Articles >

Capturing The Stop Motion World Of “Anomalisa” – An Interview With DP Joe Passarelli

By: Marjorie Galas

Imagine managing eighteen sets a day.  Cinematographer Joe Passarelli spent five days a week, ten hours a day for twenty-one months doing exactly that on the stop motion feature “Anomalisa.”  The shooting days, otherwise, would be very similar to a live action set – with a few hours shaved off and – do to the minimal motion captured on puppets moving a fraction of an inch a section, far less time captured in any given scene.

“If we were really busy, we’d get fifteen seconds a day, and that would be a great day,” recalled Passarelli.

The Oscar nominated screenplay for “Anomalisa” was written by Charlie Kaufman, a thrice nominated writer who won for Original Screenplay of “Eternal Sunshine of the Spotless Mind.”  The story follows an emotionally empty motivational speaker named Michael Stone (David Thewlis) who takes no joy in speaking with the people around him.  In fact, the world has achieved a blanket uniformity – that is, until he meets Lisa (Jennifer Jason Leigh.)  Kaufman, with co-director Duke Johnson, decided early on that the stop motion technique would aid in representing a world devoid of emotion and humanity. Produced by Johnson’s animation company Starburns Industries, Johnson turned to Passarelli.  The two attended AFI and created a thesis film together.  After forging steady work as a cinematographer, Passarelli was invited to help Johnson on  the second season of hisn Adult Swim stop motion animation project called “Mary Shelley’s Frankenhole.”  At that point, “Anomalisa” was already in the early stages of acquiring funding.  Although staying attached to animation wasn’t a particular goal, Passarelli heard early recordings of the “Anomalisa” dialogue and was immediately hooked on the project.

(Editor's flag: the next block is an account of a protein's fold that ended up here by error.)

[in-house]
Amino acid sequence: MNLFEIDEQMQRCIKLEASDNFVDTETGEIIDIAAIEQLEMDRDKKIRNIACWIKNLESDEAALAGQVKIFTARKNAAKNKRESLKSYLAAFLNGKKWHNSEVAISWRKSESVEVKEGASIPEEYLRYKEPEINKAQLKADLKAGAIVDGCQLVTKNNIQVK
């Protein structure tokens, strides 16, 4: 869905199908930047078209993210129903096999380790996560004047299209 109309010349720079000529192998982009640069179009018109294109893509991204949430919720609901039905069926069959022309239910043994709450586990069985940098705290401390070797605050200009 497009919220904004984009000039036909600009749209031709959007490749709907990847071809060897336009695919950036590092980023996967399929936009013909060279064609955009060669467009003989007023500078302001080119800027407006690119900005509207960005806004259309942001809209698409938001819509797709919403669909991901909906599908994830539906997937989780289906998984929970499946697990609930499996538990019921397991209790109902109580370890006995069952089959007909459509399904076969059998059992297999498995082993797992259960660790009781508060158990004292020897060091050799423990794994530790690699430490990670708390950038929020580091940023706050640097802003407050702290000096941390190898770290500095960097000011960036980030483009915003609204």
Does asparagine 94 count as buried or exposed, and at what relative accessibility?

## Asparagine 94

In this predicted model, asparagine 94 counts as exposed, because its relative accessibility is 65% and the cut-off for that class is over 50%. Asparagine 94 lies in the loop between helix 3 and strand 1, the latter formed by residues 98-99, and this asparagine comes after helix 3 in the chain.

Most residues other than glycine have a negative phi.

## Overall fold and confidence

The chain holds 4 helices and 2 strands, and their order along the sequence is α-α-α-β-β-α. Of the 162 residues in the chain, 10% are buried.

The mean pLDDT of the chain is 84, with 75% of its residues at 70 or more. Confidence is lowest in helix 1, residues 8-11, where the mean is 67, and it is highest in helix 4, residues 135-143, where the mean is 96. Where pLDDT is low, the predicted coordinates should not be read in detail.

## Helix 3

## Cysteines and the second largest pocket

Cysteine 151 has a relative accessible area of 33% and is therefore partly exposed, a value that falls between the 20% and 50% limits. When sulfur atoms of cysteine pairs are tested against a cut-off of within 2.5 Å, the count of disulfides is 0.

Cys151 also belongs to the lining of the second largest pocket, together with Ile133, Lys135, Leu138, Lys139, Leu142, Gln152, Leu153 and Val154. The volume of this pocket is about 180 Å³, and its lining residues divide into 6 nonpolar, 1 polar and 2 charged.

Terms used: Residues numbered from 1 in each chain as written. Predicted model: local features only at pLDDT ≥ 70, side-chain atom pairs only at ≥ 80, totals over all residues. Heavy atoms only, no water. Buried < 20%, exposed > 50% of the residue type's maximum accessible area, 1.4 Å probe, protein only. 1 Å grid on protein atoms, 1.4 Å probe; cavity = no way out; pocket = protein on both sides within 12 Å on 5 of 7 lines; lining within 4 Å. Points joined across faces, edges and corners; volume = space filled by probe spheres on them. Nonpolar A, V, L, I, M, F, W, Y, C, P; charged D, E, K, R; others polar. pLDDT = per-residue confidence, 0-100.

Despite the fact that “Anomalisa” takes place in a stop motion world, all sets and props are highlight realistic.  To ensure their authentic qualities would read correctly on film, Passarelli was highly involved with the pre-production period, checking on materials used for lamps, fixtures, furniture – in fact, every element of the setting.  He worked directly with the model builders creating the characters  to ensure the felt on the faces came across as naturalistic as possible.

“I was involved when they were trying on faces for the sculpt of the characters,” said Passarelli.  “I watched for colors that worked best for skin tone.  We used LEDs – anything else created a weird gloss.”

With the creative direction in place, working out issues of lighting became the next major hurdle.  To capture the atmospheric lighting on the sets, particularly the hotel rooms and hallways, Passarelli created “mini gems” – incandescent light bulbs wrapped in muslin, that were placed around the set in the same fashion of a live action shoot.  Passarelli controlled the warmth of the bulbs depending on the scene:  lighting throughout the movie dictates Stone’s emotional state.  When Stone invites Lisa to his hotel room, for example, the lighting is much warmer and inviting than the lighting when he first entered the room, which was somewhat cooler.  The practicles seen throughout the sets were “grain of wheat” bulbs which cast a regular incandescent light.  Overhead lights set to daytime and nighttime lighting through a DMX program established the proper scenarios for outdoor scenes.  Other elements, such as fabrics including silks and tules were also instrumental to achieving atmospheric effects such as fog.  These elements were placed in between buildings and read perfectly on camera.